position the basin strata had

250 Ma. ( Surface level )

The varying level lines

shows how the strata

subside non-linear

downward in the crust.


The animation shows how the istostatic movements are affected by sedimentation, erosion, fault movements and variation in the palaeo water depth over time.

Section 4 tectonics
Section 4: Tectonics

  • The “observed” subsidence estimated by geohistory analysis is mainly due to two processes: isostatic movements and tectonic movements due to lithospheric thinning.

  • The tectonic subsidence is commonly deduced by the McKenzie model. McKenzie showed that sedimentary basins could form when the lithosphere is stretched, resulting in reduced crustal thickness and upwelling of hot mantle material. After the stretching

  • event the surface will subside due to thermal contraction of the lithosphere (see next page).

  • The sum of the isostatic calculations and the tectonic modelling will be compared with the “observed” subsidence (calculated by the geohistory analysis). The amount of stretching is then the tuning parameter. When the fit is acceptable, the amount of stretching over the basin is quantified. And simultaneously, the palaeo heat flow history is found. This is again input to the temperature modeling.

Look on a flow diagram visualising this prosess

Total subsidence

Total Subsidence

Total subsidence

  • Total (Geohistory) Subsidence =Isostatic + Tectonic Subsidence








Schematic illustration of stretching
Schematic Illustration of Stretching

Before stretching

After stretching





  • Subsidence due to thinning

  • Thermal expansion


Mantle lithosphere

(or sub-crust)





Thermal equilibrium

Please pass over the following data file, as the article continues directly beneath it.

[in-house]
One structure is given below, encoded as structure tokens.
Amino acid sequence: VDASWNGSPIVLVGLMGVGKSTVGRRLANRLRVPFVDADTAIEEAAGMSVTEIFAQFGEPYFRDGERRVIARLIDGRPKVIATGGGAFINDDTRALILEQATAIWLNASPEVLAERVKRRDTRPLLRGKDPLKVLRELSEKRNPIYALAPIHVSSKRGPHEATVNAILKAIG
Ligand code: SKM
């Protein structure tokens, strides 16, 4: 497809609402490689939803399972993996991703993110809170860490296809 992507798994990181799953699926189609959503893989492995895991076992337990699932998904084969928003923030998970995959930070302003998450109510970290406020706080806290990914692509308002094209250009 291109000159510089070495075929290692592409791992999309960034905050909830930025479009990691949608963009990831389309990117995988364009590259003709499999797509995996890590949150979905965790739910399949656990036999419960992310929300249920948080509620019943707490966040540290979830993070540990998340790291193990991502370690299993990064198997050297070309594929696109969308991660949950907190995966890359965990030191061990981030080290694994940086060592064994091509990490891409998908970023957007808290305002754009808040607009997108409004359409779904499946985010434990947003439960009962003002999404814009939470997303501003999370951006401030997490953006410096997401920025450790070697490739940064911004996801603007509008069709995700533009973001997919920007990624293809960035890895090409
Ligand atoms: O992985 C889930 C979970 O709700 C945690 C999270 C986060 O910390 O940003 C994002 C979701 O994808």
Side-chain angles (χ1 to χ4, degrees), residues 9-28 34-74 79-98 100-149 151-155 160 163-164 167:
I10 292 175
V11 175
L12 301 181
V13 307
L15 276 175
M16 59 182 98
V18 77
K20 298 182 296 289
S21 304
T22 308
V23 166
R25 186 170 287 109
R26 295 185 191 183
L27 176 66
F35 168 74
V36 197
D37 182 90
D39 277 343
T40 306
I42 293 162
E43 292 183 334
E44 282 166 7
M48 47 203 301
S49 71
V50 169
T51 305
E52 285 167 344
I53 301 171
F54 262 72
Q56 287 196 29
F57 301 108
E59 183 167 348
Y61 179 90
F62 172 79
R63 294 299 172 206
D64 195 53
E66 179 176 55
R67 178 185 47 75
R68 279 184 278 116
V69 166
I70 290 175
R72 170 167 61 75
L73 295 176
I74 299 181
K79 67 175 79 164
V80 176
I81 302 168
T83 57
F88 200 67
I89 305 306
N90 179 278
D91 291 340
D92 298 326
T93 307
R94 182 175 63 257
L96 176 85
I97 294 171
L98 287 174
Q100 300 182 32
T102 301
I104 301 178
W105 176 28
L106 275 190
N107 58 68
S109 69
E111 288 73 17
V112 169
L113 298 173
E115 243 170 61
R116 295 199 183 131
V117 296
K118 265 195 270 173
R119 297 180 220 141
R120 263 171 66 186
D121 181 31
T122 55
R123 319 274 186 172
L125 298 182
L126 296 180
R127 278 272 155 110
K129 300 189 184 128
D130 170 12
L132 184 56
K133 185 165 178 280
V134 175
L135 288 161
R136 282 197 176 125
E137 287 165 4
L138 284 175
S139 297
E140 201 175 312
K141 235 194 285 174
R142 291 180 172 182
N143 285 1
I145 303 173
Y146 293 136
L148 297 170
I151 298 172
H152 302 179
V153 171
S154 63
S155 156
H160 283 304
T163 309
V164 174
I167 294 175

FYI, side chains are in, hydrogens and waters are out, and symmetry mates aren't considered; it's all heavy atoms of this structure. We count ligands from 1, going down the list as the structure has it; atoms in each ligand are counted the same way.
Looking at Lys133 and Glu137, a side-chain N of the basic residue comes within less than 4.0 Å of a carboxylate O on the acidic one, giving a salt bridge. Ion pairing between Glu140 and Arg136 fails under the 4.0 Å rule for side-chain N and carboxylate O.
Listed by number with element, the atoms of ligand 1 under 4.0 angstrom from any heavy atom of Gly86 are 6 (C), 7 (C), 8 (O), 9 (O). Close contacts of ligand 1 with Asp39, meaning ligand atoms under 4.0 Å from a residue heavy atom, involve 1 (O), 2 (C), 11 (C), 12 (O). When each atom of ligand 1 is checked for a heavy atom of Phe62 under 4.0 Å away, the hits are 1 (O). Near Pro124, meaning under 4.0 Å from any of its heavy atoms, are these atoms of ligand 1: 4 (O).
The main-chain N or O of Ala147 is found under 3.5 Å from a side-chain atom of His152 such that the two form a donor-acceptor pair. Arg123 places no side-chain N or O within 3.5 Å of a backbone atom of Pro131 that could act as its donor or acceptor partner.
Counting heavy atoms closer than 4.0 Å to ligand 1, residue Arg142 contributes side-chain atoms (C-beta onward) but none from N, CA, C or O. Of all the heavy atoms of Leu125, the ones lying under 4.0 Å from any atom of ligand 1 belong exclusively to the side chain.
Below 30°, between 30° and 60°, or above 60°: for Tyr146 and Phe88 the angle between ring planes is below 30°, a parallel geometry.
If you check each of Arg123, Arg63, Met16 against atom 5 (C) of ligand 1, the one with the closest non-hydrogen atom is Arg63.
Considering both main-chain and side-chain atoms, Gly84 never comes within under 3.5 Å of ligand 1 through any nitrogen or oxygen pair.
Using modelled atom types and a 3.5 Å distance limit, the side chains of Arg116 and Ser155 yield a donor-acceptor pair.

• Thermal subsidence


Flow diagram



Present day geometry

Load history





Compare isost. + tect. subs.

with geohistory basement


Paleo Heat Flow




Thermal Model


Flow diagram




Here is shown how the heat flow history changes over geological time, due to the amount of lithospheric stretching over the basin.

The heatflow is to a certain degree also affected by sedimentation and erosion.

Section 5 temperature
Section 5: Temperature

The temperature history of the basin is calculated after the heatflow modeling is finished. The temperature depends on

1) the basin geometries calculated in the geohistory analysis

2) the heat flow history from the tectonic modelling

3) the palaeo surface temperature

4) the thermal conductivity and heat capacity structure of the sediments.

Temperatur development movie

Thermal reconstruction
Thermal reconstruction


Animation showing how the temperature regime in the basin changes over time due to sedimentation, erosion and heat flow history.

Section 6 source rock maturation
Section 6: Source rock maturation

There is now a wealth of geochemical evidence that petroleum is sourced from

biologically-derived organic matter buried in sedimentary rocks. Organic-rich rocks

capable of expelling petroleum compounds are known as source rocks.

The parameters governing the formation of petroleum are

1) temperature

2) time

3) organic matter type

Thus the reliability of the prediction of oil and gas formation depends on

1) the reliability of the temperature history

2) the reliability of the organic kinetic parameters used in the maturation modelling

hydrocarbon maturation movie

Source rock maturation
Source rock maturation


Animation showing the deposition of source rock and the transformation

from organic matter to hydrocarbons in the source rock.

Hydrocarbon migration
Hydrocarbon migration

  • Hydro-carbon migration is not treated in this module, but is often the final modelling task in basin modelling. Hydrocarbon migration (also termed secondary migration) concentrates petroleum into specific sites (traps) where it may be commercially extracted.

  • The mechanics of hydrocarbon migration from source to reservoir are well studied. The main driving forces behind the migration is buoyancy (caused by the density contrast between the petroleum and pore water), and pore pressure gradients which attempts to move all pore fluids (both water and petroleum)to areas of lower pressure.


  • The source for animations and movies are taken from BMT - Basin Modeling Toolbox, a trademark of RF-Rogaland Research, Stavanger, Norway. BMT is also marketed by Geologica as.

  • Text provided by Willy Fjeldskaar.